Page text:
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Atrazine, a broad-leaf herbicide, has been used widely to control weeds in corn and other crops for several decades and its extensive used has led to widespread contamination of soils and water bodies. Phytoremediation with switchgrass and other native prairie grasses is one strategy that has been suggested to lessen the impact of atrazine in the environment. The goal of this study is to characterize: (1) the uptake of atrazine into above-ground switchgrass biomass; and (2) the degradation and transformation of atrazine over time. A fate study was performed using mature switchgrass columns treated with an artificially-created agricultural runoff containing 16 ppm atrazine. Soil samples and above-ground biomass samples were taken from each column and analyzed for the presence of atrazine and its chlorinated metabolites. Levels of atrazine in both soil and plant material were detectable through the first 2 weeks of the experiment but were below the limit of detection by Day 21. Levels of deethylatrazine (DEA) and didealkylatrazine (DDA) were detected in soil and plant tissue intermittently over the course of the study, deisopropylatrazine (DIA) was not detected at any time point. A radiolabel study using [14C]atrazine was undertaken to observe uptake and degradation of atrazine with more sensitivity. Switchgrass columns were treated with a 4 ppm atrazine solution, and above-ground biomass samples were collected and analyzed using HPLC and liquid scintillation counting. Atrazine, DEA, and DIA were detected as soon as 1 d following treatment. Two other metabolites, DDA and cyanuric acid, were detected at later time points, while hydroxyatrazine was not detected at all. The percentage of atrazine was observed to decrease over the course of the study while the percentages of the metabolites increased. Switchgrass plants appeared to exhibit a threshold in regard to the amount of atrazine taken up by the plants; levels of atrazine in leaf material peaked between Days 3 and 4 in both studies.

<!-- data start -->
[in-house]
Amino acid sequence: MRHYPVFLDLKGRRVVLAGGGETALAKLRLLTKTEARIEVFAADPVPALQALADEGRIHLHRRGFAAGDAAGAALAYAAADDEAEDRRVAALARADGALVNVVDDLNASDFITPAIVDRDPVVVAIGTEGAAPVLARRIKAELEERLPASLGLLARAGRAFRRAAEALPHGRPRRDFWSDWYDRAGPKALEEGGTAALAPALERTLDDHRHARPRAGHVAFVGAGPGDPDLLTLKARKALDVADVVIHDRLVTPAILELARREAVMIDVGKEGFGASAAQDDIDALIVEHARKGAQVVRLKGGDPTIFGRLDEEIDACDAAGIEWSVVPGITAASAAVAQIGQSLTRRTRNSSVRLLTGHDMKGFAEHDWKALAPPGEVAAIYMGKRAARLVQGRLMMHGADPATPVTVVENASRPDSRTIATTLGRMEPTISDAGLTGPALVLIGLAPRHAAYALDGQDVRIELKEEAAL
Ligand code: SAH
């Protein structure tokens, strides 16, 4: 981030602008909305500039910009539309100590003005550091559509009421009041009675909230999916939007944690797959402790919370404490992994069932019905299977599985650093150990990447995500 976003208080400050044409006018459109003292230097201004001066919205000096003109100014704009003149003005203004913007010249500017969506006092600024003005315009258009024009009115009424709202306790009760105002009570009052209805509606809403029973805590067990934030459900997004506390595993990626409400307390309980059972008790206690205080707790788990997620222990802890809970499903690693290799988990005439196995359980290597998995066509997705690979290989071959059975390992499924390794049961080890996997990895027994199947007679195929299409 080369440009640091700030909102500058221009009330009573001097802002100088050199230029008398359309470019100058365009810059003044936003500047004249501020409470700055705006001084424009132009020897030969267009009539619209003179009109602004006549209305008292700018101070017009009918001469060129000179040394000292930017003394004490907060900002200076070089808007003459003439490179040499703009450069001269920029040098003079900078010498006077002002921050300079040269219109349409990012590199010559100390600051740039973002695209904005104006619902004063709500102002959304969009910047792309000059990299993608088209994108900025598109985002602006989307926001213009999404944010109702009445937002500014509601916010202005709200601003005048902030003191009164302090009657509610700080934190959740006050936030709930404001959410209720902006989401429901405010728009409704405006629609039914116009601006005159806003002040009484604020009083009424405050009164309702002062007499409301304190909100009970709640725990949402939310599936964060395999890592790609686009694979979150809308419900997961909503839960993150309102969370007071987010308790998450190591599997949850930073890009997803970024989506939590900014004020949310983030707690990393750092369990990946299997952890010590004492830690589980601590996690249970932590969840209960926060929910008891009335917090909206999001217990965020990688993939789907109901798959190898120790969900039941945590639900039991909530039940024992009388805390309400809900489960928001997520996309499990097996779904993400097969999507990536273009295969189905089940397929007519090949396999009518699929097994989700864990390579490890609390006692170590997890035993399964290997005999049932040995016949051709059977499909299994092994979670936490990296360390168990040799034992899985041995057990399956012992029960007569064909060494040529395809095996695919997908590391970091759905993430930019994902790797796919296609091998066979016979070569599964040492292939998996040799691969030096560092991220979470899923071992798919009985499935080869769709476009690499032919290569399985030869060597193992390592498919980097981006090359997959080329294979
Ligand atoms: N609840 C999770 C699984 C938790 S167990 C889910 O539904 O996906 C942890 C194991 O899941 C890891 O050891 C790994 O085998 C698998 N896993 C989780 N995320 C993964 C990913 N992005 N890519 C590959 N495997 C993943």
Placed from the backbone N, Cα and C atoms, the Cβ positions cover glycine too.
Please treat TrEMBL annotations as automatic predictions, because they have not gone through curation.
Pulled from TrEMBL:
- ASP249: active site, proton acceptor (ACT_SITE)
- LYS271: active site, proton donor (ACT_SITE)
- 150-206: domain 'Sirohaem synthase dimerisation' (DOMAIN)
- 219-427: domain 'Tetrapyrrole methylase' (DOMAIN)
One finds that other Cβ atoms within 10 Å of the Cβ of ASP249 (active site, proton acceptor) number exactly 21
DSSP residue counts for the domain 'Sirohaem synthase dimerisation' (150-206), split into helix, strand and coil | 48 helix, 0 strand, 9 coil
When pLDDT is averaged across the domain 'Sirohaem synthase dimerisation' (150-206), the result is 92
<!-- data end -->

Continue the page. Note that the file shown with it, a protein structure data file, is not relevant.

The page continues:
NOTICE: this is the author’s version of a work that was accepted for publication in Chemospher. Changes resulting from the publishing process, such as peer review, editing, corrections, structural formatting, and other quality control mechanisms may not be reflected in this document. Changes may have been made to this work since it was submitted for publication. A definitive version was subsequently published in Chemospher, 90(6); 1847-1853; February 2013. DOI#

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Elsevier Ltd.



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